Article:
BHP Billiton, the Anglo-Australian mining giant, is likely to put in a last-minute bid this week for Drax, the UK's biggest power station.
The company is a major coal producer and Drax, which is in Yorkshire, is Europe's largest coal-fired power plant. The development could spell bad news for UK Coal, which gets about one-third of its annual revenues from supplying Drax. UK Coal has found it difficult to compete with lower-priced international coal, produced by the likes of BHP.
For BHP Billiton the move is a surprise and represents a change in strategy. Up to now, it has shown no interest in owning power stations, operating as a mining and oil group.
One industry source said: "They [BHP] are thinking about putting in a bid [for Drax]. There's good chance, they'll do it."
It is thought that, if BHP is successful, it will bring in a power industry player to act as the operator of Drax, as it has no experience in this area. BHP will be up against International Power, the UK-listed electricity group, and Goldman Sachs, the US investment bank which put in a bid at the end of last week.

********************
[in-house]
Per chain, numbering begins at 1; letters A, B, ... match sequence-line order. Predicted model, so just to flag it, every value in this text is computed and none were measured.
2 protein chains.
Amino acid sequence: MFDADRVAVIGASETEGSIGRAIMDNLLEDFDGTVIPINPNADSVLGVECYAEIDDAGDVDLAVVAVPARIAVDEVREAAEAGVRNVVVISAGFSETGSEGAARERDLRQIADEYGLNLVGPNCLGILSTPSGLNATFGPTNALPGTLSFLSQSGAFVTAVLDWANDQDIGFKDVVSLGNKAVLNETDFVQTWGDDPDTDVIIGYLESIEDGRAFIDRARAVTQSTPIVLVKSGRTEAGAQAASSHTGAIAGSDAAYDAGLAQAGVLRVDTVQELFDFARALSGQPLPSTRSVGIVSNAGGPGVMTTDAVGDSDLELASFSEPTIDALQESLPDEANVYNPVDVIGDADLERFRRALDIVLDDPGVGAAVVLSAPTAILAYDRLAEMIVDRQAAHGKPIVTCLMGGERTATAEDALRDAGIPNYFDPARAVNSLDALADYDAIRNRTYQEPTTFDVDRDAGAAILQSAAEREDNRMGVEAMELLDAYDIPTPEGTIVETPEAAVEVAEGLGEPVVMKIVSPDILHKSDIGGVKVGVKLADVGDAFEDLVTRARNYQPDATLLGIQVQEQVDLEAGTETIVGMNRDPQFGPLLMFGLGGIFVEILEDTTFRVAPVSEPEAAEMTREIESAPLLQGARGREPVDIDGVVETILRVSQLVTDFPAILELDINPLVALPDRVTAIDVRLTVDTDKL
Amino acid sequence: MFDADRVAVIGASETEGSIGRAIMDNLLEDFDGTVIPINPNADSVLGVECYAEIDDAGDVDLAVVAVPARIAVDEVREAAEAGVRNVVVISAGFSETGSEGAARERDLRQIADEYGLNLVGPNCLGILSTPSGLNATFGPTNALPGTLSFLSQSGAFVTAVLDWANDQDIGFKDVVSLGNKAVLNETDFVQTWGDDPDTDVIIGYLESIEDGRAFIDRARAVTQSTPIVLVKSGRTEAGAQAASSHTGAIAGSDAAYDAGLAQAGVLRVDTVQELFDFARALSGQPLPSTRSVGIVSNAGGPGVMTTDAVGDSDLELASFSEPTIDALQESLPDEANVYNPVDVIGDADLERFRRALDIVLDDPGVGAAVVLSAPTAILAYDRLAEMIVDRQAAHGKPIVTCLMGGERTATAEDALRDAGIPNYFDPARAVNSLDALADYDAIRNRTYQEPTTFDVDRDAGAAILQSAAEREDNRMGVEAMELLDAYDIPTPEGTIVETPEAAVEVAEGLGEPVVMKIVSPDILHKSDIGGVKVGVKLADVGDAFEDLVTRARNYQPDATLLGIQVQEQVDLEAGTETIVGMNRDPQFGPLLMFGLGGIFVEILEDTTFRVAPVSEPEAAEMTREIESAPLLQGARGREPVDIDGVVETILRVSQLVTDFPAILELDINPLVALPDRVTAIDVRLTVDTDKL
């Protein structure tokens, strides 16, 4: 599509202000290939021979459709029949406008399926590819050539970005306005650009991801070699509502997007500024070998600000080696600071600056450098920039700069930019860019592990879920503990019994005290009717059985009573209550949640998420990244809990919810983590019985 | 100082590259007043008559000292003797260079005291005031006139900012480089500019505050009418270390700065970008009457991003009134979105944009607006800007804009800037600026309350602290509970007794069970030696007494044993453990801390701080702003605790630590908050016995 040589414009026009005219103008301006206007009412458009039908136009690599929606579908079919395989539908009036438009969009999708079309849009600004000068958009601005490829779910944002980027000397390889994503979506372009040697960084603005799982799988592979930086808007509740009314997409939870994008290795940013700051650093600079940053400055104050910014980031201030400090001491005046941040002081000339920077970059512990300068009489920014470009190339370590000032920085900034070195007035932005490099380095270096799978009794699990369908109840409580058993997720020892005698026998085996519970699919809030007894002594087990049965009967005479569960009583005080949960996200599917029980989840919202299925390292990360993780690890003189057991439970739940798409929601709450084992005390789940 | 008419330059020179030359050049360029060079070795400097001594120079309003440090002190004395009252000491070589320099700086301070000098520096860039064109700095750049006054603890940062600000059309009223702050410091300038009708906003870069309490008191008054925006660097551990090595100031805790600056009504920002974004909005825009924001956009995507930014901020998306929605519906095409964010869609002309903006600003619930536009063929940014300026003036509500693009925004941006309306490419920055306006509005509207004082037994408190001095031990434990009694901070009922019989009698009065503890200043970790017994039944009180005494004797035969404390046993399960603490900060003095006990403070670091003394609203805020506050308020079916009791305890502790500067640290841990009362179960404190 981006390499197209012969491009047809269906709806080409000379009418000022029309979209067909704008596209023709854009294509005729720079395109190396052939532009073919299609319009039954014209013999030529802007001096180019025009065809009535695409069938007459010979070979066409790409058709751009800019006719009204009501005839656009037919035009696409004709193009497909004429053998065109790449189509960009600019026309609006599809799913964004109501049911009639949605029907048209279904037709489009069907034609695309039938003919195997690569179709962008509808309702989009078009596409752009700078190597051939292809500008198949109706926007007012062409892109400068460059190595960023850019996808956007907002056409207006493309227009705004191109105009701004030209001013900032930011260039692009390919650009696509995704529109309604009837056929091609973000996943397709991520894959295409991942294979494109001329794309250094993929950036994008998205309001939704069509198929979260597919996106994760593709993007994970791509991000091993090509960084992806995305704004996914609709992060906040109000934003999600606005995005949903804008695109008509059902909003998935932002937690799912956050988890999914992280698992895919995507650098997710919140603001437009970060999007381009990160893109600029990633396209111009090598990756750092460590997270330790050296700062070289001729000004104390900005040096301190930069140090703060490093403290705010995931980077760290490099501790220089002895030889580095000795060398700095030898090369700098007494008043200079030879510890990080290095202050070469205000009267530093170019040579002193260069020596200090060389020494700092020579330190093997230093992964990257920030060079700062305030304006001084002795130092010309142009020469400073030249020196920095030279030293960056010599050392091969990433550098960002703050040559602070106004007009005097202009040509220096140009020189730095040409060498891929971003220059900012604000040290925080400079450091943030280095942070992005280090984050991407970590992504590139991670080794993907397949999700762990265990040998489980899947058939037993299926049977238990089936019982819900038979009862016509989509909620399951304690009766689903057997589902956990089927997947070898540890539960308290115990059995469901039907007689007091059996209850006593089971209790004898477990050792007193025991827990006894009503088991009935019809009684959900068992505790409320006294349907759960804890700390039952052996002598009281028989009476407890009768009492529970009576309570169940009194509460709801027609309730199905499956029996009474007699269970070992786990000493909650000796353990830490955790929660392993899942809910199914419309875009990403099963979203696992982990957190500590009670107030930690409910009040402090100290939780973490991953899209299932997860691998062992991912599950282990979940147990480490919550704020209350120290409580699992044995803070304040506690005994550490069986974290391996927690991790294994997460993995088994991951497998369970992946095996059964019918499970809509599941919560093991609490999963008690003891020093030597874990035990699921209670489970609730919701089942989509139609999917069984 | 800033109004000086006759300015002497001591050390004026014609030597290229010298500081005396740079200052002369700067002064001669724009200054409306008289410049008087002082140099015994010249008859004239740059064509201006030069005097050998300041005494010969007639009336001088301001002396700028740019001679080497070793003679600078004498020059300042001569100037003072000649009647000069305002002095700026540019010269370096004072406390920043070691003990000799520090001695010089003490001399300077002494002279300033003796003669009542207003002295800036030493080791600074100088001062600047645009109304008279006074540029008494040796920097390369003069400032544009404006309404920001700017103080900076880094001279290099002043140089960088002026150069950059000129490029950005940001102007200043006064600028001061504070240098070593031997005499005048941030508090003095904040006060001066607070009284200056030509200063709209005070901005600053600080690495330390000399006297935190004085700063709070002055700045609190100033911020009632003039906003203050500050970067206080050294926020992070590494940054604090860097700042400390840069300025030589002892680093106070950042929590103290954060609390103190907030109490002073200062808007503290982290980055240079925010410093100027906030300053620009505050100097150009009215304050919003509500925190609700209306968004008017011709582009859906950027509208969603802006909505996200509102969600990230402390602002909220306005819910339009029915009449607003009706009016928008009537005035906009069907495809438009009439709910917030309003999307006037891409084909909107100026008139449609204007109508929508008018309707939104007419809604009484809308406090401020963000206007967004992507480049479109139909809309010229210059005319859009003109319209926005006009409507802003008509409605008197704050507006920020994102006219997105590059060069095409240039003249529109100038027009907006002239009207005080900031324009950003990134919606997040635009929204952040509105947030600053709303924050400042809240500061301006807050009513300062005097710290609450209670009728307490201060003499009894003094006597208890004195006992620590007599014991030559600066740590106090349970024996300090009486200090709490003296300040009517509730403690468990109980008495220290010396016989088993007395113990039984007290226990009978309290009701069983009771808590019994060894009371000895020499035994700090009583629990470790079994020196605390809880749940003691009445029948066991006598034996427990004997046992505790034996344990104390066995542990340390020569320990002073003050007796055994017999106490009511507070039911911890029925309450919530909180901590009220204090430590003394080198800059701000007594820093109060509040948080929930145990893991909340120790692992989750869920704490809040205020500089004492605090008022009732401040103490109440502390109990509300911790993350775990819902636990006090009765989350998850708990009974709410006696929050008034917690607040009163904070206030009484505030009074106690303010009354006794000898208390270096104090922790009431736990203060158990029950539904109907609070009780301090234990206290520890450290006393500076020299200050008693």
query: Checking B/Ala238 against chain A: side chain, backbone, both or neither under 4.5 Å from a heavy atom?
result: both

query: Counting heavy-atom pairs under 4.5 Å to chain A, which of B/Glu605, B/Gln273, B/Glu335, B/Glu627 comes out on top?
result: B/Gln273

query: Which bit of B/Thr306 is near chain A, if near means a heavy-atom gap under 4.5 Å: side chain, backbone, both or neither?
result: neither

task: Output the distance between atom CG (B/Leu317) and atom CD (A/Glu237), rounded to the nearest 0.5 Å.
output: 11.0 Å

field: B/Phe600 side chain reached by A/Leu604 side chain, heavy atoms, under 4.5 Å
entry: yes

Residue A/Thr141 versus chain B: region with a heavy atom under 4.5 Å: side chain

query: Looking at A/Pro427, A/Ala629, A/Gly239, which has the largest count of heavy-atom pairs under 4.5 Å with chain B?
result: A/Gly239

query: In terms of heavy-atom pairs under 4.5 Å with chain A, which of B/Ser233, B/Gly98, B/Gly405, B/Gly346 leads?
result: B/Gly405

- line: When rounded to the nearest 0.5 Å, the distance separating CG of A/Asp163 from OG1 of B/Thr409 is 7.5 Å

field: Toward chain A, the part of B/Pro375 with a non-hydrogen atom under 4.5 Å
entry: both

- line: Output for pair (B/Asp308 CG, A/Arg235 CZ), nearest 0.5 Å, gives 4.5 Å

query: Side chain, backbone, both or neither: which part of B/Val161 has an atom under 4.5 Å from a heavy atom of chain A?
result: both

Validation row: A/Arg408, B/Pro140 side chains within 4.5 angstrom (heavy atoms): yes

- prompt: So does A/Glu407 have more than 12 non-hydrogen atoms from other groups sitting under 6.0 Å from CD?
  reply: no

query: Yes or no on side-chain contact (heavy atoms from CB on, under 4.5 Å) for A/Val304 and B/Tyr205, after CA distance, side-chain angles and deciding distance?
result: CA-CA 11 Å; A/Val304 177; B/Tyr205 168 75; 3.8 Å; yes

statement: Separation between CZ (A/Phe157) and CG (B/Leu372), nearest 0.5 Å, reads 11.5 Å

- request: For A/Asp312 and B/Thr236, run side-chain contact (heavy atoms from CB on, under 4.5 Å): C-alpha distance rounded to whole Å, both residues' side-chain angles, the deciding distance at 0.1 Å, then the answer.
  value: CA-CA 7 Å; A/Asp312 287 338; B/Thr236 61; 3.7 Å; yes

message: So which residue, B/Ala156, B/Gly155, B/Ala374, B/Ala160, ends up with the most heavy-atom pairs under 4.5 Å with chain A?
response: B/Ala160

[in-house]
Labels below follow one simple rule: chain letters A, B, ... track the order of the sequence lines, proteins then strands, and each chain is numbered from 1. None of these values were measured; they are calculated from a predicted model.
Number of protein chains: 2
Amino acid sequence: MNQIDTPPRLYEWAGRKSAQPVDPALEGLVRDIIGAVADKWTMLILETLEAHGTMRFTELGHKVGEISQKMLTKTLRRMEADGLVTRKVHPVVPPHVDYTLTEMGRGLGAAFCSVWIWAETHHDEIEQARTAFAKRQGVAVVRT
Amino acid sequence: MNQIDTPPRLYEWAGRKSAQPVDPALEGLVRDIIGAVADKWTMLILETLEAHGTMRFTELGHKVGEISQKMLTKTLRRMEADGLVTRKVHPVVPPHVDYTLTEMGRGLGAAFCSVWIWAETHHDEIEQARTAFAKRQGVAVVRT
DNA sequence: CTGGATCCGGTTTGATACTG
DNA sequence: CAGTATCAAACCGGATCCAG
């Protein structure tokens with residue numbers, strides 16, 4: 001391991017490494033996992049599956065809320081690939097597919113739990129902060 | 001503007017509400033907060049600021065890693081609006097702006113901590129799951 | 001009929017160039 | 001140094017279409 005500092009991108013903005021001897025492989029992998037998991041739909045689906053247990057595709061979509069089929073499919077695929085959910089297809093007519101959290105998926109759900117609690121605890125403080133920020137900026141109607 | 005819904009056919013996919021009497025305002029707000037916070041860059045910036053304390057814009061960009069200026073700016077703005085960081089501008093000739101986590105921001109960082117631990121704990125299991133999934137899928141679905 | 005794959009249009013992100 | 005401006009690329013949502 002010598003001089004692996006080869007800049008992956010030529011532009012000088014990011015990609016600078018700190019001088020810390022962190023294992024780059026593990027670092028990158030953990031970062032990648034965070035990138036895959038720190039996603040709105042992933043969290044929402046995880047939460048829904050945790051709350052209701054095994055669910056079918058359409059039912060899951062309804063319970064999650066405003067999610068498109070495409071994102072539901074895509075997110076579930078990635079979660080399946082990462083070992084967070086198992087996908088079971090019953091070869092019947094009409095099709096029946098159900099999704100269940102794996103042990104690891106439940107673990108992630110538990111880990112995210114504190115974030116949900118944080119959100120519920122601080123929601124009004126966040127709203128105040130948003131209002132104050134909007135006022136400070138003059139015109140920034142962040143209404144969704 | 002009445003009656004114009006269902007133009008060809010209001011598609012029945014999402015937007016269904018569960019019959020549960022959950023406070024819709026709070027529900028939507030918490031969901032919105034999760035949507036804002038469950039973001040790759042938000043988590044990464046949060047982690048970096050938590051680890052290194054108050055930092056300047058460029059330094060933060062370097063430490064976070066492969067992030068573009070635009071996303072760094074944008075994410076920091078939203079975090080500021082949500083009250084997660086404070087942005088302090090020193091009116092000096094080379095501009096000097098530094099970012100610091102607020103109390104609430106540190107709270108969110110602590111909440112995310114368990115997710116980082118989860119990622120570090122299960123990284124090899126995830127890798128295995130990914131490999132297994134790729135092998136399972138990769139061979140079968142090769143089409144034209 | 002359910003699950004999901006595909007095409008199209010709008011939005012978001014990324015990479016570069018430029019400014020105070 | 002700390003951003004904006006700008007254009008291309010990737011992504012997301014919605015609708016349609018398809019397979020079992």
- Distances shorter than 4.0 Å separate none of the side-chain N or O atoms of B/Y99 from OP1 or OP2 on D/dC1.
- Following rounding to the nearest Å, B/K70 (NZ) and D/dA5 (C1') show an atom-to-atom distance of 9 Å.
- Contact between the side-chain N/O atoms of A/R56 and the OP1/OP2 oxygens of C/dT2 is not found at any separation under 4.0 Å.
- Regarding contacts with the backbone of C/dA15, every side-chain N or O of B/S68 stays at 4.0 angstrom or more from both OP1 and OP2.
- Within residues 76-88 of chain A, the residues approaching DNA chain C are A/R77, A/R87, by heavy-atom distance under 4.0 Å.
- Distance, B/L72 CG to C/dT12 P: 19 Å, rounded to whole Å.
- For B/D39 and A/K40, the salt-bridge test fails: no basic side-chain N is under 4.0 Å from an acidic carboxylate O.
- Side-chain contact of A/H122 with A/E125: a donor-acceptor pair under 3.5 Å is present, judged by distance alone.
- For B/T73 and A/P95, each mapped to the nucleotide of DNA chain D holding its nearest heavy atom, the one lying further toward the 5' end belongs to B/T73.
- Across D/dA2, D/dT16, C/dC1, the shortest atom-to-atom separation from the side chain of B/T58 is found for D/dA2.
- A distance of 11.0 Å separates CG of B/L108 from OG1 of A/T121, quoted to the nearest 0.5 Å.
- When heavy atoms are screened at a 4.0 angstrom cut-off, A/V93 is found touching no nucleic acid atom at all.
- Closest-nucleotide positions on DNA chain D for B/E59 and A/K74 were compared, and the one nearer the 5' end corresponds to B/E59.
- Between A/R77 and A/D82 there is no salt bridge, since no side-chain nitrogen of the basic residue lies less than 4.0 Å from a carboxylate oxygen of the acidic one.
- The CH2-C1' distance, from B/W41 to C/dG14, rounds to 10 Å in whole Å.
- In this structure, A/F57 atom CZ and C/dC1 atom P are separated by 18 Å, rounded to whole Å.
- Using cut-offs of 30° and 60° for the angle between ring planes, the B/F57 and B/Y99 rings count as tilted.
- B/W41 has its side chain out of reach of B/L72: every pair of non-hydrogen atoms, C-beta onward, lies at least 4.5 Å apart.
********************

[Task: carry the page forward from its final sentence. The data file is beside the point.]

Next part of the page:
Drax is trying to put together a rescue deal, after the fall in wholesale electricity prices and the loss of a key customer left the plant, owned by AES Corp. of America, unable to service its £1.3bn debt mountain at the end of last year.
AES walked away from the plant earlier this month after banks and bondholders refused to accept its financial restructuring offer. Drax is now under the control of independent directors.
Goldman bid £130m for up to 21 per cent of the senior secured debt of Drax. The bank claimed this represented a 16 per cent premium to the deal that has been put forward by International Power, although the complex nature of Drax's debt structure makes direct comparisons between the two bids difficult. The Goldman and International Power bids give Drax until the end of this week to enter into exclusive talks.
It is possible that more bidders could yet emerge. RWE-owned Innogy, which sold the coal-fired Drax plant to AES for £1.9bn in 1999, has also expressed interest in the plant. Powergen, owned by Germany's Eon, may also enter the contest. Drax supplies some 10 per cent of Britain's electricity and, given the concerns over power shortages in this country - accentuated after last week's blackout in the US - a stable future for the power station is seen as a sensitive and urgent issue.Reuse content